Group II metals have a smaller cationic size but one more valence electron than Group I metals. Why would the higher charge density of a metal cation affect the strength of the bonding of it in its elemental state?
A good way to conceptualize metallic bonding is that the valence electrons on metal ions become delocalized, leaving positive ions to be electrostatically attracted to the electrons.
Group II metals contribute 2 valence electrons to the delocalized "sea of electrons", and thus have a +2 charge on the remaining cation. These combined create a stronger attractive force.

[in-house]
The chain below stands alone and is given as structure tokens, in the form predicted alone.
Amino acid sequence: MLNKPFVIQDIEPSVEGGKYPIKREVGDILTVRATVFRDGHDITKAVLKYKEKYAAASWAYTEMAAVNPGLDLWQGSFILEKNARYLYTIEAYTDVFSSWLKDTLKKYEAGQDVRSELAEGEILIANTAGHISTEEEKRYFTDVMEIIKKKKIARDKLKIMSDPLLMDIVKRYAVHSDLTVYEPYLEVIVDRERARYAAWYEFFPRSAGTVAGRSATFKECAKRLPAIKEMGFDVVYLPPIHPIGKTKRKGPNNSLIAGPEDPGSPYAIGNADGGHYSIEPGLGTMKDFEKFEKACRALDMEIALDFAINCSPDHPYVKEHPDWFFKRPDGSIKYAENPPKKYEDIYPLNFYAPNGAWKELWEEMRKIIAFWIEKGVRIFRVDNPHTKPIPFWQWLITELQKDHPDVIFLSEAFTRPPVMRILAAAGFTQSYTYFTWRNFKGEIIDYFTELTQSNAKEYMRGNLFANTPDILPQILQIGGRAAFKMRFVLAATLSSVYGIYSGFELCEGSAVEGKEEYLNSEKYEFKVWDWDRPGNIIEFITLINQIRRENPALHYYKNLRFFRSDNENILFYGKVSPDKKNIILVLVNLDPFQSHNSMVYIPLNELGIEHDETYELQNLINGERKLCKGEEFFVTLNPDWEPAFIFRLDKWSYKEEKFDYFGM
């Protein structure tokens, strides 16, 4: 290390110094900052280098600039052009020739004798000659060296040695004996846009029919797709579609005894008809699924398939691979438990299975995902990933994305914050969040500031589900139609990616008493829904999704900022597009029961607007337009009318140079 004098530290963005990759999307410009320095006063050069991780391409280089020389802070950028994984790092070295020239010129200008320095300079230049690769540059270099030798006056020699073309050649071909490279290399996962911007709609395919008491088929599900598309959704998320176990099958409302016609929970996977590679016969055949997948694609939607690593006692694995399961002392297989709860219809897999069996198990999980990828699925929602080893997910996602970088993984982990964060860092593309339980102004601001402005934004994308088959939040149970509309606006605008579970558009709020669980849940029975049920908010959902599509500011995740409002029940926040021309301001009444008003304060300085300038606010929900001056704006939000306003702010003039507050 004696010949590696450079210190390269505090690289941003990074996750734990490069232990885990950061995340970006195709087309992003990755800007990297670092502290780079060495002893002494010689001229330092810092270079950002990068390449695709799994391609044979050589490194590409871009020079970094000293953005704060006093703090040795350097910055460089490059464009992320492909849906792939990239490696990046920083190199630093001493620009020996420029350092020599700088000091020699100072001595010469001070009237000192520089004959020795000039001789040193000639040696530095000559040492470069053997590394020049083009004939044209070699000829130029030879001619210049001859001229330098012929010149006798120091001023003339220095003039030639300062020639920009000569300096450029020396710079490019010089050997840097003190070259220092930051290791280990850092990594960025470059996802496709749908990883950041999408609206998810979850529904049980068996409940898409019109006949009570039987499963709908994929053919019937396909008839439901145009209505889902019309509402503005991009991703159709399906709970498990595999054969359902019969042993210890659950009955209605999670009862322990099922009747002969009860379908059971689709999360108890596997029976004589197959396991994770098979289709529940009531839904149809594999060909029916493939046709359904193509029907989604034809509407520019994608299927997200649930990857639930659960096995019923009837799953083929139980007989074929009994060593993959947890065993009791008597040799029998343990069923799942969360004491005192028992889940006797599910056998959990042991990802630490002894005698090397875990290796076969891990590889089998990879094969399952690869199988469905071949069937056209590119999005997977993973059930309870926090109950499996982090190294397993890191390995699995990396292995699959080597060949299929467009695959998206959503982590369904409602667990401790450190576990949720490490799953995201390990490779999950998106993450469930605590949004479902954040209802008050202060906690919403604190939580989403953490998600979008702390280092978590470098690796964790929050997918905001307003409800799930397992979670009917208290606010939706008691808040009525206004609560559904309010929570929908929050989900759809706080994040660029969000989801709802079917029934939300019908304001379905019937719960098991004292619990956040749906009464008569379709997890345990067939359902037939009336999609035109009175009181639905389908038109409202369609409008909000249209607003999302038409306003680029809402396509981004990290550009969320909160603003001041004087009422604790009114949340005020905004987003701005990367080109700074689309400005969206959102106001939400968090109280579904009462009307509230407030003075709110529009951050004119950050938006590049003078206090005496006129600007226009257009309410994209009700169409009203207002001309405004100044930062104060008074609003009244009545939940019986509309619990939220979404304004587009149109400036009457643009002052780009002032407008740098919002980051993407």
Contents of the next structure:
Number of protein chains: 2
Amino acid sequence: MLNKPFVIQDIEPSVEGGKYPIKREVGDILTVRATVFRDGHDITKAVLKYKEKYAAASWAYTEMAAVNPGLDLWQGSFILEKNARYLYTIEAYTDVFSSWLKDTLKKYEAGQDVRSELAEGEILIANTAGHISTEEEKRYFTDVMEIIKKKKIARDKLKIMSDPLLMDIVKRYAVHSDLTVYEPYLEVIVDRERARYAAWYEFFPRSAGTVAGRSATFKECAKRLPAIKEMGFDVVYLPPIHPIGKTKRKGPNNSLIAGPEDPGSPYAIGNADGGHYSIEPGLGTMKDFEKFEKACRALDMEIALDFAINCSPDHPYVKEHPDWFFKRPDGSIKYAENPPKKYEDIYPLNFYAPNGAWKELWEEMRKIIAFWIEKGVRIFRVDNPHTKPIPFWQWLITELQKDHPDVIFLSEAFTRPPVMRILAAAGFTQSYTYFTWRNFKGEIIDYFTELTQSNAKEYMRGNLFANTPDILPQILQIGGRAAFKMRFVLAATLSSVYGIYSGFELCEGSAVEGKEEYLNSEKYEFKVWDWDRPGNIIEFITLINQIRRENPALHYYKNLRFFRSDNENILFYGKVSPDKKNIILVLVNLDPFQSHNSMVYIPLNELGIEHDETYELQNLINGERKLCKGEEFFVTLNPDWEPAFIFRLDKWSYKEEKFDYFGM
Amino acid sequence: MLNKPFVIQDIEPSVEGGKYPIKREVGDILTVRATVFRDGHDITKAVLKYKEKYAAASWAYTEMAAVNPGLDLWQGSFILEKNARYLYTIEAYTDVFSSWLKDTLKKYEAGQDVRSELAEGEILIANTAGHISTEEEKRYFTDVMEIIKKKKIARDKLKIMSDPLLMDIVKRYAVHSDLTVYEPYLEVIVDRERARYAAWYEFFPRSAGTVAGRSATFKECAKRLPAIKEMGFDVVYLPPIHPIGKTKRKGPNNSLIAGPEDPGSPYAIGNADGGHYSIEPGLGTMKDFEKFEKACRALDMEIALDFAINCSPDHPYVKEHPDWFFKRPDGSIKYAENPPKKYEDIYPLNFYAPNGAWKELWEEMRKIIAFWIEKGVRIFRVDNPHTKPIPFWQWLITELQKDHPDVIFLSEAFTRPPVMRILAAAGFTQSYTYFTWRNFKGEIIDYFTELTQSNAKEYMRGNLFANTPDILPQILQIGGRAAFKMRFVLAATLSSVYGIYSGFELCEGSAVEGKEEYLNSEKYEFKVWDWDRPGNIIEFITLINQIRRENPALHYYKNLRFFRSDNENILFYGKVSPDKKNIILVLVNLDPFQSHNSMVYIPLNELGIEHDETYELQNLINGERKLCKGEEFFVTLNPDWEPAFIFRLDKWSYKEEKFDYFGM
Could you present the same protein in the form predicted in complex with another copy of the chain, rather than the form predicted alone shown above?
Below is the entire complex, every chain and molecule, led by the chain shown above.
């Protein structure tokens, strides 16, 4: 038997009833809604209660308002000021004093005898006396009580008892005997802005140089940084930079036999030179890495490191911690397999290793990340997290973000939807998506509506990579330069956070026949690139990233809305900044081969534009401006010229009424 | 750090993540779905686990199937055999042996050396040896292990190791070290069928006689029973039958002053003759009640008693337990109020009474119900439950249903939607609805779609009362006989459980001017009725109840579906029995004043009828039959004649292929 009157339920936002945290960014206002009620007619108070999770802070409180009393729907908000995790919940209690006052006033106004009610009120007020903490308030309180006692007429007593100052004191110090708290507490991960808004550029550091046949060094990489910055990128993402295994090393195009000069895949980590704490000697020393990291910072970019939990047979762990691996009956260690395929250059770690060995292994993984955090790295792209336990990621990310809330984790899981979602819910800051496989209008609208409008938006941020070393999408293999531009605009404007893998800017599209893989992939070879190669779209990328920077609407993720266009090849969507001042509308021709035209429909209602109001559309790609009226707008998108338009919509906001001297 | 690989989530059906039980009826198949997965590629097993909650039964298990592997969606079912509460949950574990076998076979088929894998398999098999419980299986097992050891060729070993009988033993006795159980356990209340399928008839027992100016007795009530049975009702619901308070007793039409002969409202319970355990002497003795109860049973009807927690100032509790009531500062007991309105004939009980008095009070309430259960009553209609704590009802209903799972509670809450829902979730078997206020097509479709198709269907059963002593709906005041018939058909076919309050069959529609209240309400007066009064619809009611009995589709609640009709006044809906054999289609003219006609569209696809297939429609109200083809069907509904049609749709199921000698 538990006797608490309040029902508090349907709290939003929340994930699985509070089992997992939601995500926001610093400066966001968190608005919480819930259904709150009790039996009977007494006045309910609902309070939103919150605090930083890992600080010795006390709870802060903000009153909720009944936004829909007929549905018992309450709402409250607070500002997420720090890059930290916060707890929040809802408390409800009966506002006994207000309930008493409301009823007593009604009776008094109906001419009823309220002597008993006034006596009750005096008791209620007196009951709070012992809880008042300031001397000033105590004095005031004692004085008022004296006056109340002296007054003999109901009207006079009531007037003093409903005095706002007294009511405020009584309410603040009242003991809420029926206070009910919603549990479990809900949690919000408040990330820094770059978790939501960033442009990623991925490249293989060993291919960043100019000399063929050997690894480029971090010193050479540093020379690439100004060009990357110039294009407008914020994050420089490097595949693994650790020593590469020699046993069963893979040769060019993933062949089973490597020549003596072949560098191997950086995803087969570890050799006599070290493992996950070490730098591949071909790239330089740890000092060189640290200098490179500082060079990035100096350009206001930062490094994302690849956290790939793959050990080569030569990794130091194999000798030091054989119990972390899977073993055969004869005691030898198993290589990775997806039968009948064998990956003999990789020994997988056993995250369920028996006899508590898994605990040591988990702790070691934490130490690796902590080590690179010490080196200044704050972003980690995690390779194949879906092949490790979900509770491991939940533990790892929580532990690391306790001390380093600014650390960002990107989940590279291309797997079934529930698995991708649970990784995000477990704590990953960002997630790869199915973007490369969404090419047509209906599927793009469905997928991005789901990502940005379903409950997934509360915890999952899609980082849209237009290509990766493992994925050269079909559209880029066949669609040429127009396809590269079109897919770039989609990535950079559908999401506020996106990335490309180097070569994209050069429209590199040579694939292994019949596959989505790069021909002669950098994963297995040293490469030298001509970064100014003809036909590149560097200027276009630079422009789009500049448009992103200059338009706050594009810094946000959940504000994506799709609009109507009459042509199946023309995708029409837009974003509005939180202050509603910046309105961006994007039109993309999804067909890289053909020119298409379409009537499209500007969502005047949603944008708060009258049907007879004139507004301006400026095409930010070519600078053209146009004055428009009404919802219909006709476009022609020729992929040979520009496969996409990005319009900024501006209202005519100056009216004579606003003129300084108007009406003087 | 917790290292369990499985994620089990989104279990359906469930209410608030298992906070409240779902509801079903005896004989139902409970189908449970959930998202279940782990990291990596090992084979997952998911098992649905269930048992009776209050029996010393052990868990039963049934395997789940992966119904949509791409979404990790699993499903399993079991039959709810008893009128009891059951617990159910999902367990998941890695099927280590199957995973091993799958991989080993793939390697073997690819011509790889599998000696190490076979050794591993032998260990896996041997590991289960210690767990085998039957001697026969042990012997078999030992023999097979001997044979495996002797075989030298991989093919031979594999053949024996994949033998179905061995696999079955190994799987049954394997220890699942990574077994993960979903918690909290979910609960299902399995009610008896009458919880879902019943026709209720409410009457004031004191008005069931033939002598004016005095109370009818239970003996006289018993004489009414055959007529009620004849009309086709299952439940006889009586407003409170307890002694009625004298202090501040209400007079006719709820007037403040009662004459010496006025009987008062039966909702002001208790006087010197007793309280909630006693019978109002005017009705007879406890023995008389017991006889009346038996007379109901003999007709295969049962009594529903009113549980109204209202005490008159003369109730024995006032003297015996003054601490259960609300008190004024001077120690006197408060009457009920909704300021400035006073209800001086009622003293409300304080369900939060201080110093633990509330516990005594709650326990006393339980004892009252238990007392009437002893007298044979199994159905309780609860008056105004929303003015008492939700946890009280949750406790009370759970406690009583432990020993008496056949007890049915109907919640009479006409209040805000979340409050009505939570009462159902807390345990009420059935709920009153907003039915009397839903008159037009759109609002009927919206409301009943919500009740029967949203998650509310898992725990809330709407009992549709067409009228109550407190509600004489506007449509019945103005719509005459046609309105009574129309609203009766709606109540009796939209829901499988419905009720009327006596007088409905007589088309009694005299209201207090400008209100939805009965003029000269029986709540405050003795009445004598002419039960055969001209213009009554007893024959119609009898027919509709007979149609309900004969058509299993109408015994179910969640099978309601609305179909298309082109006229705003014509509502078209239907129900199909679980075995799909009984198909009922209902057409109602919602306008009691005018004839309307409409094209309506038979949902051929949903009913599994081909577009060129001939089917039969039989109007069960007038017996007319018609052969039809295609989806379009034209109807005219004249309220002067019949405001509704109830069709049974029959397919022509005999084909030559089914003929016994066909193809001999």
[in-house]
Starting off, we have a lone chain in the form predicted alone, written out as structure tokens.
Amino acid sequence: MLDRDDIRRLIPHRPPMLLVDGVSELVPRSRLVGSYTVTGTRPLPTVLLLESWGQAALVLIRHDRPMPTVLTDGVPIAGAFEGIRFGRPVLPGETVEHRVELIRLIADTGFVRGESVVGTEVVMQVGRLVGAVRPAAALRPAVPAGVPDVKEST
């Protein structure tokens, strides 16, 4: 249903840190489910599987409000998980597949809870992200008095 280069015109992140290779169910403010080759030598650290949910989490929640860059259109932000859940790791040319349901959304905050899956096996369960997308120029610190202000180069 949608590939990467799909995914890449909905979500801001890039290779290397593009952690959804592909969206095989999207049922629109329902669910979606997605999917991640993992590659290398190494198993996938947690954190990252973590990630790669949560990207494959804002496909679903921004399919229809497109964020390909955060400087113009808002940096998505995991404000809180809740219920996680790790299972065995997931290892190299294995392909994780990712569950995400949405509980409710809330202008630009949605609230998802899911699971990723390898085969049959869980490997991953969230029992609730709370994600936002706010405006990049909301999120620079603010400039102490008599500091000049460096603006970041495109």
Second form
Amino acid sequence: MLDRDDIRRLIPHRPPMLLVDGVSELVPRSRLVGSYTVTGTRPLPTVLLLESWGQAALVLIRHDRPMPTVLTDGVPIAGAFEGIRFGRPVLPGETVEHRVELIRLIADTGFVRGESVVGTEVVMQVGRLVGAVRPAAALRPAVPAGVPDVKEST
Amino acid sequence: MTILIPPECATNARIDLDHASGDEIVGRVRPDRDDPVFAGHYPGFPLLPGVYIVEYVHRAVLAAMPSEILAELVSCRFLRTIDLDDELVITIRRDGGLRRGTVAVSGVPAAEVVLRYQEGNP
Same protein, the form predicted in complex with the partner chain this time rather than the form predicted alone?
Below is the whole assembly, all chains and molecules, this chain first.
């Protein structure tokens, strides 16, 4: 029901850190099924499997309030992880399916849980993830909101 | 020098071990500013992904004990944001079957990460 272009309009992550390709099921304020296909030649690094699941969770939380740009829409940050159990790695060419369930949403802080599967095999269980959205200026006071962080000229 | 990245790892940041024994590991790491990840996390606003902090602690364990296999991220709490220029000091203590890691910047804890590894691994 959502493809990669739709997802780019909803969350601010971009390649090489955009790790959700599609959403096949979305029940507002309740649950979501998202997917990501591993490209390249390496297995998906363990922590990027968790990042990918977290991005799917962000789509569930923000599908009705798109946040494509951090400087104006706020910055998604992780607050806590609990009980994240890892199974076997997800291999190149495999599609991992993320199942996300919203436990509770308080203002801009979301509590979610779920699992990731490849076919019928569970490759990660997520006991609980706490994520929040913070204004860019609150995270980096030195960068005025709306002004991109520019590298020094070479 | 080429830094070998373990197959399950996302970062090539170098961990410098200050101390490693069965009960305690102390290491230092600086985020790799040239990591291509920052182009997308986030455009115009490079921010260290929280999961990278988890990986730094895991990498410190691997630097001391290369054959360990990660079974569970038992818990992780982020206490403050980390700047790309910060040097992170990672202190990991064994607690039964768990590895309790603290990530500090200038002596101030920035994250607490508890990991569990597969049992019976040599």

It is true that the radii of Group II metal cations are smaller than those of Group I cations (within the same row). This also affects bonding, as the delocalized electrons are closer to the nucleus in the Group II case.
In summary: the increased coulombic force between a higher number of delocalized electrons and higher charges on metallic cations create a stronger metallic bond. Transition metals tend to have even stronger metallic bonding due to the participation of electrons from d orbitals.